MANILA -- Nearly nine years after it opened, Tito Chef has undoubtedly become a byword among many southerners who love to eat.
As the country continues to grapple with the COVID-19 pandemic and most businesses got affected, Tito Chef, which is located in BF Homes in Paranaque, has admirably learned to survive.
“The business went from profitable to barely surviving,” Tito Chef owner Jose Amadeo “Menoy” Gimenez honestly admits. “The loss from dine-in customers was greatly felt, since we sell the ‘dining experience’.”
All the 28 employees of Tito Chef – from the chefs, cooks, servers, staff and crew – immediately felt the impact of the lockdown when the restaurant was closed in mid-March.
“The first reaction was that, ‘This lockdown will not last for long,’” Gimenez recalled. “Then, the realization hit everyone that this [COVID 19] will not go away any time soon.
Gimenez, from whom the restaurant got its now-popular name – Tito Chef was how his nephews and nieces call him – was readily worried about his staff when the lockdown started. “They were very confused initially, since the whole world itself had a hard time wrapping their heads on what a pandemic is and a global one at that.”
However, Gimenez made sure not one employee will be displaced. “The continuity of their salaries as head of families was my main concern,” he said. “We had to quarantine them in house and since sales were virtually on a standstill, provide some of their basic needs [bath soap, toothpaste, rice, canned goods, hygiene products, etc.], so they don’t have to use their salaries.”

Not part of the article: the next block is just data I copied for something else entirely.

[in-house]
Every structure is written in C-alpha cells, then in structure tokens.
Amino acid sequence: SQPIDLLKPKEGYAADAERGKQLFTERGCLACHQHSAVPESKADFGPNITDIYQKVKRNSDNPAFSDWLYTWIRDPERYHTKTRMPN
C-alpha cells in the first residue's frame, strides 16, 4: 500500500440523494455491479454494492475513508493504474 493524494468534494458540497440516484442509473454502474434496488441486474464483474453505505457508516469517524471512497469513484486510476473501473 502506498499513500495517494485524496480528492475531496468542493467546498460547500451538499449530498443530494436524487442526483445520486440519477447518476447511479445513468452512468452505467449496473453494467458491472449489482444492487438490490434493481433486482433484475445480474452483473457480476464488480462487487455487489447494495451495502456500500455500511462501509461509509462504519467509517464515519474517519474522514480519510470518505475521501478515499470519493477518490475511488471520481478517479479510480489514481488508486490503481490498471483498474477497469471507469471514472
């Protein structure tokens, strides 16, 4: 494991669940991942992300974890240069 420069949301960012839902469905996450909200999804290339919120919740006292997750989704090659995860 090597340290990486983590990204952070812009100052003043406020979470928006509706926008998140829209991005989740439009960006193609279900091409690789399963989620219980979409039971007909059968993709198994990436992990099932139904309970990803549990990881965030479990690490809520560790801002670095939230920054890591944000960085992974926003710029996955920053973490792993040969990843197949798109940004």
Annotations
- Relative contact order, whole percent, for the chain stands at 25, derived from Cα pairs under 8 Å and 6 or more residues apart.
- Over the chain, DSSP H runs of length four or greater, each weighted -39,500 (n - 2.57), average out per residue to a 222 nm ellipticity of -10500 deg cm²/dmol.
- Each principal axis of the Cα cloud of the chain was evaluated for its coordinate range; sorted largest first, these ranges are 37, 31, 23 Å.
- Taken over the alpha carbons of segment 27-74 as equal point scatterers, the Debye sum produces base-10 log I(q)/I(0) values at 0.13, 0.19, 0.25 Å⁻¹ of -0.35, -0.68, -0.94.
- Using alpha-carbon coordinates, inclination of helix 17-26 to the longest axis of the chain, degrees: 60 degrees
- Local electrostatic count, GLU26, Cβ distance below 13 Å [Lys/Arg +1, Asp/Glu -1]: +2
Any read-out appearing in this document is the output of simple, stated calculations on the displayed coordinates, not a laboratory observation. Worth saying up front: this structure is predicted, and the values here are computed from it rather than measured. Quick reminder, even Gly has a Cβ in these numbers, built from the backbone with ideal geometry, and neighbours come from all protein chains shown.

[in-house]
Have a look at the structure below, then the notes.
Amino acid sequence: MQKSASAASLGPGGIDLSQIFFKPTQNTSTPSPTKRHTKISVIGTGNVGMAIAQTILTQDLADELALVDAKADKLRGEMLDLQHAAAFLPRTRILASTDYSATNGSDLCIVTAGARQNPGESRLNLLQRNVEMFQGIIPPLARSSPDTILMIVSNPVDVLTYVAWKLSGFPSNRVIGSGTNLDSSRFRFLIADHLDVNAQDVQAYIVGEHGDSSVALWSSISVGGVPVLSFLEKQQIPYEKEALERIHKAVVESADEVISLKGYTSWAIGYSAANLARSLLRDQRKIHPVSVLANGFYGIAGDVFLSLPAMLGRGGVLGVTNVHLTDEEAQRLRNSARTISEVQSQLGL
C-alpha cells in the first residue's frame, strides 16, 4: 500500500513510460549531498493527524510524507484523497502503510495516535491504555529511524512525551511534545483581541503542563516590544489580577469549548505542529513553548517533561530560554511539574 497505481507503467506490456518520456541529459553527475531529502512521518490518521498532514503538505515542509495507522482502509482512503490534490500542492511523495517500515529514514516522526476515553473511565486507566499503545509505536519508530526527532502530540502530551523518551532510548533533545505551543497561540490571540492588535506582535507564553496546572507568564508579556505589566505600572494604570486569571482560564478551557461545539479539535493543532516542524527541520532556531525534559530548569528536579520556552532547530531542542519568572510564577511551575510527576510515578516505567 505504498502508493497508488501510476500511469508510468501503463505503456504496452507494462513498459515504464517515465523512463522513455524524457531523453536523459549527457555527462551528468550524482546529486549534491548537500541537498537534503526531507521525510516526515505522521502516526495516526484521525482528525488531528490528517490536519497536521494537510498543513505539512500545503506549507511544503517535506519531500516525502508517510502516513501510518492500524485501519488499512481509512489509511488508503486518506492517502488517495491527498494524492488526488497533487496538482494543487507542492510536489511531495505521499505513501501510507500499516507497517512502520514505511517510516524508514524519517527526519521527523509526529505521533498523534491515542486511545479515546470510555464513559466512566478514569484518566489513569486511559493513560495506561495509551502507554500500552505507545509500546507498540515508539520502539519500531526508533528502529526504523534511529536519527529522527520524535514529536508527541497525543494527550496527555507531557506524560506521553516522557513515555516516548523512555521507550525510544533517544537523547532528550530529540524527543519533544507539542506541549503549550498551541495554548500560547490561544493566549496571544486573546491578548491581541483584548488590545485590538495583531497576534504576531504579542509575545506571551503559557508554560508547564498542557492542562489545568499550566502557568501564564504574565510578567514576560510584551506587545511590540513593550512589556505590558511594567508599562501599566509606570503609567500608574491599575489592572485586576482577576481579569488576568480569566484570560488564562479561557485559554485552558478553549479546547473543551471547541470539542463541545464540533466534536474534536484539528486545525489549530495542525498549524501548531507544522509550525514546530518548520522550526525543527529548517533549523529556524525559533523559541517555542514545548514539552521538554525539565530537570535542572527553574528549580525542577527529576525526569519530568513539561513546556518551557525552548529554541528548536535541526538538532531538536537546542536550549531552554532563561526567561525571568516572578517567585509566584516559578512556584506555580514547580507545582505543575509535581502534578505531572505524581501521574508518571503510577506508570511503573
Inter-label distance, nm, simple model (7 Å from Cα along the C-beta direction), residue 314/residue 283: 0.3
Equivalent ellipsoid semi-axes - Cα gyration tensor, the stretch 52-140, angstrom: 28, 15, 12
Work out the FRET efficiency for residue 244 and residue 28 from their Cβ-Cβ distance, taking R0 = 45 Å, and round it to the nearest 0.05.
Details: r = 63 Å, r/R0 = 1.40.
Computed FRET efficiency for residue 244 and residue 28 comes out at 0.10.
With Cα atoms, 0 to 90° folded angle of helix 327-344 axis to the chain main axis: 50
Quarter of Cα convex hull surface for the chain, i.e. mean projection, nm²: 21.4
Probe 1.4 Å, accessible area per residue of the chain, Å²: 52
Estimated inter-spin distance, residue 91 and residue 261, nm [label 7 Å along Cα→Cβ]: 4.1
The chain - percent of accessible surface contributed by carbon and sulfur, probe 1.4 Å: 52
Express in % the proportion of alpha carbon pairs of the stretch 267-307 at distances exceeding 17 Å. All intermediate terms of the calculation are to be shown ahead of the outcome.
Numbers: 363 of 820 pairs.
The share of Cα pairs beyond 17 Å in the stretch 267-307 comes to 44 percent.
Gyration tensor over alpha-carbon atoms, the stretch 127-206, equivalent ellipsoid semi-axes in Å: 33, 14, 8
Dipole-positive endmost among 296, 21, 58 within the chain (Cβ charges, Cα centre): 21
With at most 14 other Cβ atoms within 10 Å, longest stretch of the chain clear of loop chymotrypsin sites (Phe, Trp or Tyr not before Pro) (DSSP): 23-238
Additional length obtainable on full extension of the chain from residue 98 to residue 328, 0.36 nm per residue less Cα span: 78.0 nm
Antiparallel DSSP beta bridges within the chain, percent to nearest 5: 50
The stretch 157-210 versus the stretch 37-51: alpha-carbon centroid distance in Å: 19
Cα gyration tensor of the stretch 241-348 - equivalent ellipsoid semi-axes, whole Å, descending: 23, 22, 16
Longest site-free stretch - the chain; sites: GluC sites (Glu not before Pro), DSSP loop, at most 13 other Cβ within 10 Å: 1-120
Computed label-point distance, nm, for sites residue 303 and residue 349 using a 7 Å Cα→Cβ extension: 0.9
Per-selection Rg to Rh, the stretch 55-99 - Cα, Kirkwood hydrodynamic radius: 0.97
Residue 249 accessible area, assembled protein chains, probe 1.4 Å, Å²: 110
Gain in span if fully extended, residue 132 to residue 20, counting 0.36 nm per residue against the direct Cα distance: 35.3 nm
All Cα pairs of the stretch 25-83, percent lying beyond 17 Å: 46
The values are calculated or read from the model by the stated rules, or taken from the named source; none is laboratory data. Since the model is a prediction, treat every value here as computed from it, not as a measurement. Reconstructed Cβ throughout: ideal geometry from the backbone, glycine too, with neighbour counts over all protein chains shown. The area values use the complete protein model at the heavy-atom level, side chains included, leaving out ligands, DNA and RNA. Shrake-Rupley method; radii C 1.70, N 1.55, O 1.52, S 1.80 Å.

Expectedly, the events and reservations scheduled during the lockdown period had to be cancelled. Tito Chef has been usually the venue for intimate “receptions, corporate events and bespoke celebrations.”
Yet, Gimenez remains positive. He knows they all have to adapt and continue doing their jobs to emerge stronger from this pandemic. “The present situation requires that we do creative work scheduling so no one loses his job, but that the company still gets to have its head above water,” Gimenez said.
“We had to be very creative with how we manage our bulk purchases, our labor cost, and expenses.”
EAT IN YOUR CAR
Tito Chef started with merely offering take-out services and “very limited” delivery meals to still get a small stream of revenues even during the lockdown. “We were able to continue grab and go services, as well as curb side dining experience [eat in the parking while in your car],” Gimenez said.